- Gold prices swung between small gains and losses Friday, with markets slightly calmer going into the weekend. Front-month gold for April delivery closed up 0.5% at 1,344.80 a troy ounce on Comex. Prices have stayed between about $1,305 and $1,360 this year, moving within that range based on safe-haven buying, swings in the dollar and worries about the prospect of higher interest rates. Anxiety over protectionist trade policies and tensions between the US and Russia pushed gold back to around $1,360 mid last week, but some analysts have said they don’t expect conflicts to fully escalate and disrupt the global economy. Gold erased its Wednesday gains a day later, continuing a frustrating trend for bullish investors. Gold stocks rallied 1.92% in Toronto. Gold stocks: GOR, NCM, NST, AQG, EVN, KCN, RMS, RRL, SAR, SLR.
- WTI for May delivery rose as much as 0.5% to $67.74 in early morning trade, before trading 0.3% lower at $67.20/bbl on Nymex as of 8:37am in Sydney. This move follows oil price closing at a fresh three-year high on Friday as the International Energy Agency predicted robust oil demand for the full year and as geopolitical risks to supply remained. Light, sweet crude for May delivery settled up 32 cents, or 0.5%, to $67.39 a barrel on the New York Mercantile Exchange, the highest level since December 2014. Brent, the global benchmark, advanced 56 cents, or 0.8%, to $72.58 a barrel. Prices have climbed as supply cuts from major oil exporters and strong global demand have helped ease a longstanding glut. Increased geopolitical risk has also put a premium on crude, as production from countries like Iran and Syria has been threatened. Oil stocks: WOR, WPL, STO, SEA, BPT, OSH, HZN, AWE, KAR, ORG, SXY.
- Iron ore prices rose on Friday gaining 1.1% to 65305. This was despite data showing mixed demand in China. Imports for March rose slightly from the previous month to 85.8mt; however this was down over 10% from March 2017. Reports that Vale would report lower exports helped support prices. The weaker demand for lower grade iron ore should see Vale record its lowest quarterly production in over four years. Iron ore stocks: FMG, BHP, GBG, GRR, MGX, RIO, BCI, SDL.
- LME copper ended the day up 0.1% at $US6830 a tonne. The base metals were broadly benefiting from sharper appetite for cyclical assets on Friday, reflected by strength in equities. Zinc finished up 0.7% at $US3117 a tonne, while lead closed down 1.3% at $US2303. Tin ended up 0.7% at $US21,050, and nickel finished the day 1.6% higher at $US13,940 a tonne. Copper stocks: OZL, SFR; Nickel stocks: IGO, WSA; Aluminium stock: AWC.
- Ex-dividend: New Hope, TPG Telecom.
- Wesfarmers (WES AU): Fletcher fits Wesfarmers’ acquisition criteria: Morgan Stanley.
- Woolworths (WOW AU): Sale process for ~230 petrol stations said to be drawing to close.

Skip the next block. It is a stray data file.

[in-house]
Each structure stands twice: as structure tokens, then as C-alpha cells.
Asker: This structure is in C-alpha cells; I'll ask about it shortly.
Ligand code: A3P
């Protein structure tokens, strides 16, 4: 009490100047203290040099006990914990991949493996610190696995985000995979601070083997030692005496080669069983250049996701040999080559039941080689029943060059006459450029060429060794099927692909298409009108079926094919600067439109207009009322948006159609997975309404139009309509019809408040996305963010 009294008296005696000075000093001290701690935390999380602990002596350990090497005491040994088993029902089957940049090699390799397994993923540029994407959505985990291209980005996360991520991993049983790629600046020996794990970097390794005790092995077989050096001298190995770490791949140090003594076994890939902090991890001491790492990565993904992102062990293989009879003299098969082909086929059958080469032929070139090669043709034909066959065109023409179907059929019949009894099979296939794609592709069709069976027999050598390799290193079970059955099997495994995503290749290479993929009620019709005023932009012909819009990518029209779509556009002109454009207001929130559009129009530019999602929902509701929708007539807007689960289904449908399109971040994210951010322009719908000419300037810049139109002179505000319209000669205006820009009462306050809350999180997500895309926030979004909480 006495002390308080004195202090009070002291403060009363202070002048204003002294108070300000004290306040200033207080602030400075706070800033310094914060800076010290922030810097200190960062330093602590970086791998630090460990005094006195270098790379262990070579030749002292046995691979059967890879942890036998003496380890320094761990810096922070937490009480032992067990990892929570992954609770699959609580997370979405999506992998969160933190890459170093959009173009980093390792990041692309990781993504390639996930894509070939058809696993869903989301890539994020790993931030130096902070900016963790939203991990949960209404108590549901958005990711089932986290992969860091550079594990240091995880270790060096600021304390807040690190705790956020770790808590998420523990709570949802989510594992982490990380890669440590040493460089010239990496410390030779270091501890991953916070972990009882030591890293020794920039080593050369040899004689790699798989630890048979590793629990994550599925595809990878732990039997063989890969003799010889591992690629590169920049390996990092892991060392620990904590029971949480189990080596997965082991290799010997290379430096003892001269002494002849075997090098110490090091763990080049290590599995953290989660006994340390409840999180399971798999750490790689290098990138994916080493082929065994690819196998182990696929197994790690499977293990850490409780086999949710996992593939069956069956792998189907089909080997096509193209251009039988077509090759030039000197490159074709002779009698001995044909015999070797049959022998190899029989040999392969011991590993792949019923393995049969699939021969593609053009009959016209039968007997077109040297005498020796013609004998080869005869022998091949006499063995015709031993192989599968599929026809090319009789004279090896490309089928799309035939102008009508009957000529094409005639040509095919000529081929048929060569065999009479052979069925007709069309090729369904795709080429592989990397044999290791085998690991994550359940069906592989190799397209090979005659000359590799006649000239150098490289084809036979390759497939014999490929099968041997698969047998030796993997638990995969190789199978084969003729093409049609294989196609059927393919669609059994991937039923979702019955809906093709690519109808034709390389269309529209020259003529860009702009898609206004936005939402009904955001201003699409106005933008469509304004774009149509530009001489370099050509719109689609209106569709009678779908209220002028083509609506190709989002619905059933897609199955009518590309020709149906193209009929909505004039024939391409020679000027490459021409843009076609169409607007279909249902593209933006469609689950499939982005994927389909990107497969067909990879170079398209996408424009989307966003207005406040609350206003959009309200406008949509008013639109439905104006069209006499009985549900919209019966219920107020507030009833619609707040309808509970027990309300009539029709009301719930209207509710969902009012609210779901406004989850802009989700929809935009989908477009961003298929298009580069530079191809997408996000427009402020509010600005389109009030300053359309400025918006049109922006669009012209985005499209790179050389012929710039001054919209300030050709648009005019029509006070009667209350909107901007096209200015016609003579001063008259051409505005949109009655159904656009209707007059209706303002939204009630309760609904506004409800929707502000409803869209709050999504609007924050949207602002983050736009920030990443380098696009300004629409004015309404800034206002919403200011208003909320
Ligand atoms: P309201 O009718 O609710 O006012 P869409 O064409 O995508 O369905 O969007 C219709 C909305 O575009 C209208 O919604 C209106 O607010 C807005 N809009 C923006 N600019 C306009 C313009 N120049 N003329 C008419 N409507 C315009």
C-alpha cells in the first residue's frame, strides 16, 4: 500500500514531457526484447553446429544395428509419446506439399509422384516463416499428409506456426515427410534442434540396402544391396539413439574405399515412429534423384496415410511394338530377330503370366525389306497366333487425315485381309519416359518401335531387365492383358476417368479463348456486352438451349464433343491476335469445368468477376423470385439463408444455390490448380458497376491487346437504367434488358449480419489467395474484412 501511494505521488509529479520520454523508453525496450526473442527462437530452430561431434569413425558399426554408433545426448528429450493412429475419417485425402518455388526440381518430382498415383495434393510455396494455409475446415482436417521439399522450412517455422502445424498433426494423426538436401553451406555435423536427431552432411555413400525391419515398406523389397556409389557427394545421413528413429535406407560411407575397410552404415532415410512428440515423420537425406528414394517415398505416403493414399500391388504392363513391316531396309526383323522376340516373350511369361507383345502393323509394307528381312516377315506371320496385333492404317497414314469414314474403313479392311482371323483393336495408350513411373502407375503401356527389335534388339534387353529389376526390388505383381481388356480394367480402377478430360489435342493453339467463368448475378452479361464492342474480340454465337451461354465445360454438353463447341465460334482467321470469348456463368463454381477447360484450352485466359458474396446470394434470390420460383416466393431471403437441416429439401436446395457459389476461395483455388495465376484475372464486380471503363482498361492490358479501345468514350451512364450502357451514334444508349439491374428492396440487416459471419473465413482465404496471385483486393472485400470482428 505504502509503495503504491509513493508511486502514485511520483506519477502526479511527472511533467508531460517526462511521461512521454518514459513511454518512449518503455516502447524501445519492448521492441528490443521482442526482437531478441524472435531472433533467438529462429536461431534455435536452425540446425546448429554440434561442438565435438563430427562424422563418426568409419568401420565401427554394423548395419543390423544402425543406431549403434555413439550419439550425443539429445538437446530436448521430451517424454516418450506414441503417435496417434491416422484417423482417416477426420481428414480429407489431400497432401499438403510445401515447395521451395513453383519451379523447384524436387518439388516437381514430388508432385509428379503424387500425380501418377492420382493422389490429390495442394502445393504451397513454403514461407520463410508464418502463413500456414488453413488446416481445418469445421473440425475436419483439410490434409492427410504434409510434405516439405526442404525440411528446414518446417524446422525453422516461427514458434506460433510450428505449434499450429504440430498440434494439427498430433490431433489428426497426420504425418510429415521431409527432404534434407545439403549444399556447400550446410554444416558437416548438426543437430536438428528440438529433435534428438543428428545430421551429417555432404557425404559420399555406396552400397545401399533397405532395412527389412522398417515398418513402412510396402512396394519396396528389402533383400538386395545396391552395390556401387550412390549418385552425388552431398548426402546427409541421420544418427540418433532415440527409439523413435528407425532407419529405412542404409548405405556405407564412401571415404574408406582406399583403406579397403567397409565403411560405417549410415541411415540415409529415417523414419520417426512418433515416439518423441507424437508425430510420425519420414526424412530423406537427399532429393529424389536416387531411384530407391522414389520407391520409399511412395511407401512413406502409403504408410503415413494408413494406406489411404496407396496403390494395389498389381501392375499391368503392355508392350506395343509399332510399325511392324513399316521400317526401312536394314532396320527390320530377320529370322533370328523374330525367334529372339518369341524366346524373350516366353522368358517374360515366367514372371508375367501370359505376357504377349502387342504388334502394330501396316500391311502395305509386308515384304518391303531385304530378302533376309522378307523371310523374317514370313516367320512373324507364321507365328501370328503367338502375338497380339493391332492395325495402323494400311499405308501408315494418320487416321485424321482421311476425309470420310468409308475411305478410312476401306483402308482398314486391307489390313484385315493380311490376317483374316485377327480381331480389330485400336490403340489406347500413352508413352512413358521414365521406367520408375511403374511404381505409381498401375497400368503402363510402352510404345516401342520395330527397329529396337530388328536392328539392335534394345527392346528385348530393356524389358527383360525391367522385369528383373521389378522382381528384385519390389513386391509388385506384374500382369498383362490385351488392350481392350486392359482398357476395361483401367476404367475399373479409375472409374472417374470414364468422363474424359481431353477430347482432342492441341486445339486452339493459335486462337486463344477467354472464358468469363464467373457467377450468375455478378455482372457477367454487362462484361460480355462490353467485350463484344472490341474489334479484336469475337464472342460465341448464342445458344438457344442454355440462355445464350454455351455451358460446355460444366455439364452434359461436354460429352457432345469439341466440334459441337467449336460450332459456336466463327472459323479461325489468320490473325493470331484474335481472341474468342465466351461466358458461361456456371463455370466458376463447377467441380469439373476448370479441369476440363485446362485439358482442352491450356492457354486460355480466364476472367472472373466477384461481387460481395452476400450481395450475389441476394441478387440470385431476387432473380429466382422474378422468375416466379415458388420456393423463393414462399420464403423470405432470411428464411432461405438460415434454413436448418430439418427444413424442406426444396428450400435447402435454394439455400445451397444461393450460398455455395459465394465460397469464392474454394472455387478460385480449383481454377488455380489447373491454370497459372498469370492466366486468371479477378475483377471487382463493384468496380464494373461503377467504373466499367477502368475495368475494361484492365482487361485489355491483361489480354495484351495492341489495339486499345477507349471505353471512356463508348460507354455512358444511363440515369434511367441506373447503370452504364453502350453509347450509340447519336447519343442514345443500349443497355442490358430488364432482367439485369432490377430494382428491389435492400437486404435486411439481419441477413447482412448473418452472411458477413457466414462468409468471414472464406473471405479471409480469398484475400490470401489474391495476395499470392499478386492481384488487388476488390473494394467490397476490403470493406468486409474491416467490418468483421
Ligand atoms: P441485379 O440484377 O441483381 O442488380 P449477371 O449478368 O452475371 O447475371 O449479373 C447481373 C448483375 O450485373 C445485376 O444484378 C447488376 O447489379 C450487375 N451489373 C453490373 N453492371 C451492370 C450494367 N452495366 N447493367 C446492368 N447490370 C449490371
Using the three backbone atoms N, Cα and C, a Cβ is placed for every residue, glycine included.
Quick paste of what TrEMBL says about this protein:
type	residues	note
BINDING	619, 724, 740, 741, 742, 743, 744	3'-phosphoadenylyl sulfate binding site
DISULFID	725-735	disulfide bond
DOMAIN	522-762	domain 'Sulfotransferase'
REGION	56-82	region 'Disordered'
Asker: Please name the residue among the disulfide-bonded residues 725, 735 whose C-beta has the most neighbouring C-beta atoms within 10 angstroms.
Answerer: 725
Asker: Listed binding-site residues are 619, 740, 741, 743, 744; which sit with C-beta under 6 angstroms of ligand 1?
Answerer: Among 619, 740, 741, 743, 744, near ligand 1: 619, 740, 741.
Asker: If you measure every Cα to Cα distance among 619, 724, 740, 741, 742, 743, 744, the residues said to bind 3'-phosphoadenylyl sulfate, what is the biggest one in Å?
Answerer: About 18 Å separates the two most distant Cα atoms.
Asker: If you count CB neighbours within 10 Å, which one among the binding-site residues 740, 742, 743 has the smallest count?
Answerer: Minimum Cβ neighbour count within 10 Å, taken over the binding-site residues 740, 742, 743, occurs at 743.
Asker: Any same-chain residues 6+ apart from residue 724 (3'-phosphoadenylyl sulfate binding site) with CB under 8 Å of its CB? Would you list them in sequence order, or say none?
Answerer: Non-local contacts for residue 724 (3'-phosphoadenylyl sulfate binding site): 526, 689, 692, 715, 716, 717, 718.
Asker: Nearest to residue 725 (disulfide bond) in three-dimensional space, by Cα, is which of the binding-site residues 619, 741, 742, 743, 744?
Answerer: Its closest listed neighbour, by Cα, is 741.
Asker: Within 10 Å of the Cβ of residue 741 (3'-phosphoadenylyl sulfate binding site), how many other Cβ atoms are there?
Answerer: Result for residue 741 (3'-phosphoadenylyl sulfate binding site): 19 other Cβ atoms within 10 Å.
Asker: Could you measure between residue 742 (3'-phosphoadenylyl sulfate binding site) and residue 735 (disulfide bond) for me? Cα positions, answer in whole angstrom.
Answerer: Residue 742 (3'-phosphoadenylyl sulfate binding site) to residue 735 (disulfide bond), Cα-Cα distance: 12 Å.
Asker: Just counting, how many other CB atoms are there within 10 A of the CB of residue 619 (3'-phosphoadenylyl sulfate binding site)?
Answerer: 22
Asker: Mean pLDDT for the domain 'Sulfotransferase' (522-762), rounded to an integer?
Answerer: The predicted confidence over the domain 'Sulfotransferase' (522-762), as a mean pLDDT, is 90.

- Chief Brad Cooper, Perpetual head Geoff Lloyd the top contenders to replace Craig Meller: Australian.
- ASX (ASX AU): Is said to crack down on China firms seeking listing: AFR.
- BHP (BHP AU): Block trade worth about A$655m crosses on Chi-X.
- Cochlear (COH AU): Sues Oticon to Block Rival Bone-Anchored Hearing System.
- Fortescue (FMG AU): Mining billionaire backs Outback Gas Pipeline to ease power woes.
- Lynas Corp. (LYC AU): March Quarter Production Report Scheduled.
- Rio Tinto (RIO AU): Issues Force Majeure on Some Contracts on Rusal Sanction
- Sirtex (SRX AU): Says SORAMIC study did not meet primary endpoint.
- Virgin Australia (VAH AU): Should reconsider delisting as share price undervalued, Wilson Asset Management founder says: AFR.
Broker upgrades and downgrades
- Fletcher Building (FBU AU): Downgraded to Hold at Morningstar
Australian earnings schedule
Tuesday: Bank of Queensland results
Wednesday: BHP & STO Q1 Prodn & Sales, Woodside AGM
Thursday: Sydney Airport report, Q1 traffic and revenue
EURUSD, GBPUSD and EURGBP
The euro is once again sitting dangerously close to the 2017 positive trendline with this week’s trade to explore selling opportunities upon two closes below the 1.23 handle. This level is where the positive trendline should hold losses and a failure to hold the euro from further selling here, easily opens 1.20 as the downside target. All stops on short positions to be placed above last week’s swing high at the 1.24 handle. The rally that followed the one time false break was very minute in nature, with the euro forming a lower swing high for the week so short positions which again is triggered at 2 closes below 1.20 should prove to be quite a painless trade to 1.20.
Source: Saxo Bank
Cable has closed at its highest weekly level since June 2016 or the pre-Brexit levels but has struggled to claim its 200-week moving average, which would have confirmed acceleration in the trend. The RSI divergence on a weekly scale allows one to explore a tactical, a very short-term short position with stops above 1.4343 or this year’s high. Downside target is 1.40 or 236 points from Friday’s close.
Source: Saxo Bank
EURGBP last week violated its late 2017 / 2018 base which was the 61.8% retracement between the 2017 low to high. This week we look for any gains to fail at 0.8686 or the retest of the triple bottom original support , so look to sell the rally at 0.8686, stops at two closes above here and to the downside we would look to target the 85 handle.
Source: Saxo Bank
– Edited by Clare MacCarthy
Sources: AFR, SMH, CNBC, BBG, WSJ, The Australian, Reuters